British doctors and health workers have raised the alarm about a lack of sufficient protective kit to treat potential coronavirus patients, potentially exposing themselves and putting vulnerable patients at risk.
One doctor said he felt "terrified" of the lack of Personal Protective Equipment (PPE) available for carers.
"I may be OK –- I'm young and healthy –- but I can't bear the thought of infecting other patients with a disease that could kill them. And that is the risk, without proper PPE," wrote one doctor in the Guardian newspaper.
Health workers are worried "less about themselves than whether they would be spreading it between their patients," said Rosena Allin-Khan, a Labour MP and a doctor in the emergency department at St George's University Hospital in London.
"They have also been worried about not being tested themselves," she told AFP.
In the absence of tests, which are currently reserved for the most serious cases, caregivers with symptoms are instead told to self-isolate for two weeks.
However, testing and identifying those without the virus would be better than "losing them all into self-isolating," an NHS consultant told AFP, speaking on condition of anonymity.
The doctor, from north-east London, also highlighted the risks for relatives of highly-exposed medical staff.
- 'Brink of collapse' -
Healthcare workers have already altered their working methods in the face of the pandemic.
"All routine visits have been suspended, and we are doing telephone consultations if we can," an NHS occupational therapist in central England told AFP.
She went on to explain how they deal with suspected cases.
"If the patient has no symptoms, we use hand sanitising gel. If they have symptoms, we use a van and conduct the appointment in the 'clean' part of the van, wearing PPE, which is then destroyed."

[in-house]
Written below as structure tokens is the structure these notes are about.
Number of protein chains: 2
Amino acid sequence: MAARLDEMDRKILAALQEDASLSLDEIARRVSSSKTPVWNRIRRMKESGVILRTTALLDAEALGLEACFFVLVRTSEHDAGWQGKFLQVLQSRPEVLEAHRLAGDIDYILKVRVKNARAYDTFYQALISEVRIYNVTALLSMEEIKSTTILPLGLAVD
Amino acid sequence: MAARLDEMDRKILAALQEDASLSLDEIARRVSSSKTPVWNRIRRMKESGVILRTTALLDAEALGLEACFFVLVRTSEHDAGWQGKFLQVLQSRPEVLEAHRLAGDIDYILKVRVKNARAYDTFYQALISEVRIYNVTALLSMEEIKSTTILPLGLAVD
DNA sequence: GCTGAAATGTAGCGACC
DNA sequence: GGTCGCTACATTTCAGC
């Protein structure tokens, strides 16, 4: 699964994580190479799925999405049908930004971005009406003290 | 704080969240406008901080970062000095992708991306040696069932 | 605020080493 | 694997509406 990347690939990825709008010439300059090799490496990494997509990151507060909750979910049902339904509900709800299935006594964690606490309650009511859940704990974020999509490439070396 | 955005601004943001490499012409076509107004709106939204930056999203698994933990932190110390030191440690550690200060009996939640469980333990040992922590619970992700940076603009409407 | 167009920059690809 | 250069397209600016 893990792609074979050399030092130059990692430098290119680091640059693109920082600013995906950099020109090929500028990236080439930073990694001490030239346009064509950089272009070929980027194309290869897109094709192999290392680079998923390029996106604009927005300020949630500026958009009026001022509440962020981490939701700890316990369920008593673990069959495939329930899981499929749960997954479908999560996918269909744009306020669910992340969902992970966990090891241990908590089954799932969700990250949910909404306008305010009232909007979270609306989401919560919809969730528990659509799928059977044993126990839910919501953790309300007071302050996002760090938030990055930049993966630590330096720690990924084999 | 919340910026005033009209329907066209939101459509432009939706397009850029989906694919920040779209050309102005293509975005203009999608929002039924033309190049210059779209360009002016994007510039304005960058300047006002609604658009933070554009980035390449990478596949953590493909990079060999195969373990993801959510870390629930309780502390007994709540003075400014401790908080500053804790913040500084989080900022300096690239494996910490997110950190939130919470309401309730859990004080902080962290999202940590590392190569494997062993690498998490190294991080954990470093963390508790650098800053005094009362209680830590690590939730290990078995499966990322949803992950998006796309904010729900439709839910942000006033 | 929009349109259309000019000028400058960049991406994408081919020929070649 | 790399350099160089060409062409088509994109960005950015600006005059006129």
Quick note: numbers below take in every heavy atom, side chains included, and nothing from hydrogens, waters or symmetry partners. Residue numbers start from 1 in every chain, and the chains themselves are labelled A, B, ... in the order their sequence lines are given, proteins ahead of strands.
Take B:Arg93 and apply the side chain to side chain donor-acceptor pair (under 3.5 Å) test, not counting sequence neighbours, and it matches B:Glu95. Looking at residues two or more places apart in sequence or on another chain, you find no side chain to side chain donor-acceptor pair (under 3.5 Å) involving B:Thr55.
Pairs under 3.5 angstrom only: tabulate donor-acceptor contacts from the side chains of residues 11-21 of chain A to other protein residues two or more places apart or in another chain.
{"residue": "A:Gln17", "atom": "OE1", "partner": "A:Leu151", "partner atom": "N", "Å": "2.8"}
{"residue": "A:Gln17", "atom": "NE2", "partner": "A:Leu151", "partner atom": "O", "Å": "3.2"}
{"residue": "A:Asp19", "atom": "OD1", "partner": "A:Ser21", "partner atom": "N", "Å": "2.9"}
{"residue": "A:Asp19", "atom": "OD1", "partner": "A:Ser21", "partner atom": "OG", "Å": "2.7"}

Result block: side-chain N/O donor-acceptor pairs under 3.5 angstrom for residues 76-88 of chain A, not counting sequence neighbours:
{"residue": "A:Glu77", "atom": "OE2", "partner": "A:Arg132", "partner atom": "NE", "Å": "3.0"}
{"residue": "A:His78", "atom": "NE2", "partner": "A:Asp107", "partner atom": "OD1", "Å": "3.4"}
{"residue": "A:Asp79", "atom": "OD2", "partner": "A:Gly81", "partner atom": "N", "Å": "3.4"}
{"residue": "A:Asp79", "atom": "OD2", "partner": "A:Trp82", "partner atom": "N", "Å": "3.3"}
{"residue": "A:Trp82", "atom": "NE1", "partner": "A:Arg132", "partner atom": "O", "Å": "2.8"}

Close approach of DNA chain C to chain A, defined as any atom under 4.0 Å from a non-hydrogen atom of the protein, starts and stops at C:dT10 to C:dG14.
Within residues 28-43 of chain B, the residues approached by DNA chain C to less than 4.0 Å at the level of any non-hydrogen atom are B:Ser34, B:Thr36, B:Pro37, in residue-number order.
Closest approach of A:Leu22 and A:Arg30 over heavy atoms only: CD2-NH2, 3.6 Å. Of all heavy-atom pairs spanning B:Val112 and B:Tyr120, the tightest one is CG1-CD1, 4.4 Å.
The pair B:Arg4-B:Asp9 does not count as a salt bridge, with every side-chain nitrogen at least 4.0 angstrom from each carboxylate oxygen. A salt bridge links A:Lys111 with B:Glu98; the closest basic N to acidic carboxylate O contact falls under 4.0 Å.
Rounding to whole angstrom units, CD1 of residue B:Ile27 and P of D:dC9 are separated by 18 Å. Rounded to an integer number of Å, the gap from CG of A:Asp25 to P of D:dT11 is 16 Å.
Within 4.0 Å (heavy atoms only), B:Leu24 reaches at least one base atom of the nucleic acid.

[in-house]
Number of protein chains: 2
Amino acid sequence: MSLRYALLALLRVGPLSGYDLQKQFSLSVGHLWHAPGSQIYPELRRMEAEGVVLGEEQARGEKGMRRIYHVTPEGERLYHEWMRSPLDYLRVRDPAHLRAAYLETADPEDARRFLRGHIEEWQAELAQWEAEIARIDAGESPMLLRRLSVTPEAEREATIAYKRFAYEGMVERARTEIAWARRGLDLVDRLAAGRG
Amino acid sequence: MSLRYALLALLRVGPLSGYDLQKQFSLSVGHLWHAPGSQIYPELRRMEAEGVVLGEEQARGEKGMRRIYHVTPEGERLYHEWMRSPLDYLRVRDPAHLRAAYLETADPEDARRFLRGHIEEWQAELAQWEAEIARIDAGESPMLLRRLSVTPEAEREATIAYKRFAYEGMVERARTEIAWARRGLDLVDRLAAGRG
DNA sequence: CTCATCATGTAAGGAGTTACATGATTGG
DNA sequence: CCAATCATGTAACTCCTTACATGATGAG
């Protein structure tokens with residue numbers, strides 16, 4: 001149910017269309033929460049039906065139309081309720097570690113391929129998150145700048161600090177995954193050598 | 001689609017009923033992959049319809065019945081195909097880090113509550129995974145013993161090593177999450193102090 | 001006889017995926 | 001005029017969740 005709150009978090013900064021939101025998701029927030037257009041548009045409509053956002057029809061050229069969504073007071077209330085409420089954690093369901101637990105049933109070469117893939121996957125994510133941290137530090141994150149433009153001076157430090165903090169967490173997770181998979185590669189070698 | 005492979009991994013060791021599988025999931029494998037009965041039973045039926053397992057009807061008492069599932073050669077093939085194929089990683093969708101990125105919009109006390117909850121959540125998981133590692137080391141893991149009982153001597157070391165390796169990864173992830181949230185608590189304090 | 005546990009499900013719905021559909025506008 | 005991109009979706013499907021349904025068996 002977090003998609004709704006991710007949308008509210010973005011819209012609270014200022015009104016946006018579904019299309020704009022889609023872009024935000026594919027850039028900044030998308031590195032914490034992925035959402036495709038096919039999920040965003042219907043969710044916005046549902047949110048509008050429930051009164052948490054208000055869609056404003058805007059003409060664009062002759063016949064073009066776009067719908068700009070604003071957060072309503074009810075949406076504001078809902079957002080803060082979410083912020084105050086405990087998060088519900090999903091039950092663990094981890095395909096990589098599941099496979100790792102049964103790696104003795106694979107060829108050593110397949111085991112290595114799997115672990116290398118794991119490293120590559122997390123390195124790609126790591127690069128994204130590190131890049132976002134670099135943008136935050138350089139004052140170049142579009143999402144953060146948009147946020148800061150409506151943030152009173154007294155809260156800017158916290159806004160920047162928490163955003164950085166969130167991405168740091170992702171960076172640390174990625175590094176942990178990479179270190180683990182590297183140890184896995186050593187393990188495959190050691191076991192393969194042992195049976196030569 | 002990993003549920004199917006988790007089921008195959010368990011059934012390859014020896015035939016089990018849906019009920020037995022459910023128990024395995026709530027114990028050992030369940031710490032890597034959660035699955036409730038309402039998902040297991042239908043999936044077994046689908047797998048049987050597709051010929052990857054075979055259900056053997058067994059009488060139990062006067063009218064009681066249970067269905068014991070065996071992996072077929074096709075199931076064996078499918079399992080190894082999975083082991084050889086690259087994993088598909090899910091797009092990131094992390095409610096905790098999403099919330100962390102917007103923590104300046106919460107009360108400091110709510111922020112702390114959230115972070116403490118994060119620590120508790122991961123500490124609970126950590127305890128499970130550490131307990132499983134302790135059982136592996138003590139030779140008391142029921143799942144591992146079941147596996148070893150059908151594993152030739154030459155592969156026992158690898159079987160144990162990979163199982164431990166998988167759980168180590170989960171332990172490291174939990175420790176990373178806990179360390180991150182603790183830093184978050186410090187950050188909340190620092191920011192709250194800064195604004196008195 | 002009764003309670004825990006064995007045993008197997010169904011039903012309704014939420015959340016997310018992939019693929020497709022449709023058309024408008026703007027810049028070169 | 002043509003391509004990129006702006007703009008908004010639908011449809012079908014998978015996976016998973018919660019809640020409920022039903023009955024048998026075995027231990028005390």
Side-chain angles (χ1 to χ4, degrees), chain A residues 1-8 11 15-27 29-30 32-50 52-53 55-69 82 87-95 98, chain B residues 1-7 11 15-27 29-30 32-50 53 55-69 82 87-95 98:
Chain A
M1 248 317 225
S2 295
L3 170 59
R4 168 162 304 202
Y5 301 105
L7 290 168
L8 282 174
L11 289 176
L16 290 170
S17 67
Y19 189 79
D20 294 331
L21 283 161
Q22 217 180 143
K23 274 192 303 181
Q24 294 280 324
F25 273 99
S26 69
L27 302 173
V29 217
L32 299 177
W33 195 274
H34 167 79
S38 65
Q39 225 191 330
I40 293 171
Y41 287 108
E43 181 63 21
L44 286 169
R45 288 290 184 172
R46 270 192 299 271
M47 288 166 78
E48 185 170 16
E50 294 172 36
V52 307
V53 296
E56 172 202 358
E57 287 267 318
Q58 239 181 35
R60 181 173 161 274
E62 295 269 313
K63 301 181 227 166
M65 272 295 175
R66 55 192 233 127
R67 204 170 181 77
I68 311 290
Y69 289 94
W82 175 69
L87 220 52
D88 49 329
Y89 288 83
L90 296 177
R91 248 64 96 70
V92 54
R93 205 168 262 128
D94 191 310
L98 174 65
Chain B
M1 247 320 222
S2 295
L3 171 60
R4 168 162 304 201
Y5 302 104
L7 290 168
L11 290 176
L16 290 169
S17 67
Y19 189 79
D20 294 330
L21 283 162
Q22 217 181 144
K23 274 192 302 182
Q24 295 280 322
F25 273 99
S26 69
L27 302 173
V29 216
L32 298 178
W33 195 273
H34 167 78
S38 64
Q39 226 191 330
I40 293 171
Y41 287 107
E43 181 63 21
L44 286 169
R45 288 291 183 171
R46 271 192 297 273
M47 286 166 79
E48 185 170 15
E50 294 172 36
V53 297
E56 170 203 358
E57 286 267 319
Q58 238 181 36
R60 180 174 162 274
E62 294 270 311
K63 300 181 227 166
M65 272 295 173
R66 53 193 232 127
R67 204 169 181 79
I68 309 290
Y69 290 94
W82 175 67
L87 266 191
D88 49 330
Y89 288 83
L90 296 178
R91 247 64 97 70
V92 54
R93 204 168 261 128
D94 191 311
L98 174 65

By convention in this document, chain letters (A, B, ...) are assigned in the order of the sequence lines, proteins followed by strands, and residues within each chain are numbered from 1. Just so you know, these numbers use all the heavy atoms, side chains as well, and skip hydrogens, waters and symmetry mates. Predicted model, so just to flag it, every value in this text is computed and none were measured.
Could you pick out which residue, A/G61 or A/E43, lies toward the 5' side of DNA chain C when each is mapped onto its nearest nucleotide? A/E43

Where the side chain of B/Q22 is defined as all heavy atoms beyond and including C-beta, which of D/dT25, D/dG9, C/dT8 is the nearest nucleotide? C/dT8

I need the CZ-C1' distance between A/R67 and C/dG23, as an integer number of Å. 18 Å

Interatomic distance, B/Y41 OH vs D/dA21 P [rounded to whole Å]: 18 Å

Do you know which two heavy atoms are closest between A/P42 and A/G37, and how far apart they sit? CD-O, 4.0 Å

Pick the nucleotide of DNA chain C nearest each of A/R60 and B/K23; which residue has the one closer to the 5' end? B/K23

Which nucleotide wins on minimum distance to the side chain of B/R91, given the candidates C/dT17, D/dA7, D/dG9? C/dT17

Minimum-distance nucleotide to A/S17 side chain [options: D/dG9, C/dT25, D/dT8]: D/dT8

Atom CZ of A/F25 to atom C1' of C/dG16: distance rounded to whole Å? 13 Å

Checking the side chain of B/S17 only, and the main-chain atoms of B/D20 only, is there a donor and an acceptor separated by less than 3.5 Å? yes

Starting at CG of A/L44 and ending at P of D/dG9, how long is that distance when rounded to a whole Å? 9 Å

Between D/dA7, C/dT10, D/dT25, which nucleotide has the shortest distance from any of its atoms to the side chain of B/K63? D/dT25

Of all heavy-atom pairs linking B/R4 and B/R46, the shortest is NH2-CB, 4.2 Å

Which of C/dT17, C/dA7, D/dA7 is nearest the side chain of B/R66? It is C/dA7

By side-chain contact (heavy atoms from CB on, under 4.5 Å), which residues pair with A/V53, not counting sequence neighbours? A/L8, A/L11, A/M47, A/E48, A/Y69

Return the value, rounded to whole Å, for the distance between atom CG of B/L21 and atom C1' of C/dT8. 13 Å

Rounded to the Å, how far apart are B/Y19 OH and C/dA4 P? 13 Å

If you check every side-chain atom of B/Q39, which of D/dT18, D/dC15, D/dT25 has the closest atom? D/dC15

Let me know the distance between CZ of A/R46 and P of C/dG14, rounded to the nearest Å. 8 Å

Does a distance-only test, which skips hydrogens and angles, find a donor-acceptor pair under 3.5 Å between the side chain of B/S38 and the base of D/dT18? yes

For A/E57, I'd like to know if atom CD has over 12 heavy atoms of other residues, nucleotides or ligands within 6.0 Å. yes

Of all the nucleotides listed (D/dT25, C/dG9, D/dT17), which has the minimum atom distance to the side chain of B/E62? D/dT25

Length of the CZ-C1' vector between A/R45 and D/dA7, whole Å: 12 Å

She does not feel "particularly" protected, despite the measures: "Even if people don't have symptoms it doesn't mean they don't have it, I could walk around with the virus without anyone knowing."
A health centre in north east England has also complained of receiving surgical masks that went out of date in 2016, Labour MP Kevan Jones said in parliament on Wednesday.
Prime Minister Boris Johnson insisted there was "a massive effort going on... to ensure that we have adequate supply of PPE equipment not just now but throughout the outbreak".
But this did not appear to reassure the British Medical Association (BMA), a union of doctors and medical students.
"We are hearing of staff trying to buy masks from DIY stores in desperation because they are not being provided with it by their employers. This is totally unacceptable," it said.
The union also insisted that health workers who isolate themselves as a precautionary measure should be "tested without further delay".
The epidemic comes at a bad time for the NHS, which is already facing a staff shortage.
During his election campaign, Johnson promised 50,000 more nurses and the renovation or construction of hospitals.
"We already don't have enough doctors, enough nurses, NHS under strain," said Labour MP Allin-Khan.
"So to stress our NHS at a time when is already is at breaking point is very difficult."
The government on Thursday promised £2.9 billion in funding to try and bridge the gap, part of which will be used to speed up the discharge process for hospital inpatients, with the aim of freeing up 15,000 hospital beds by the end of March.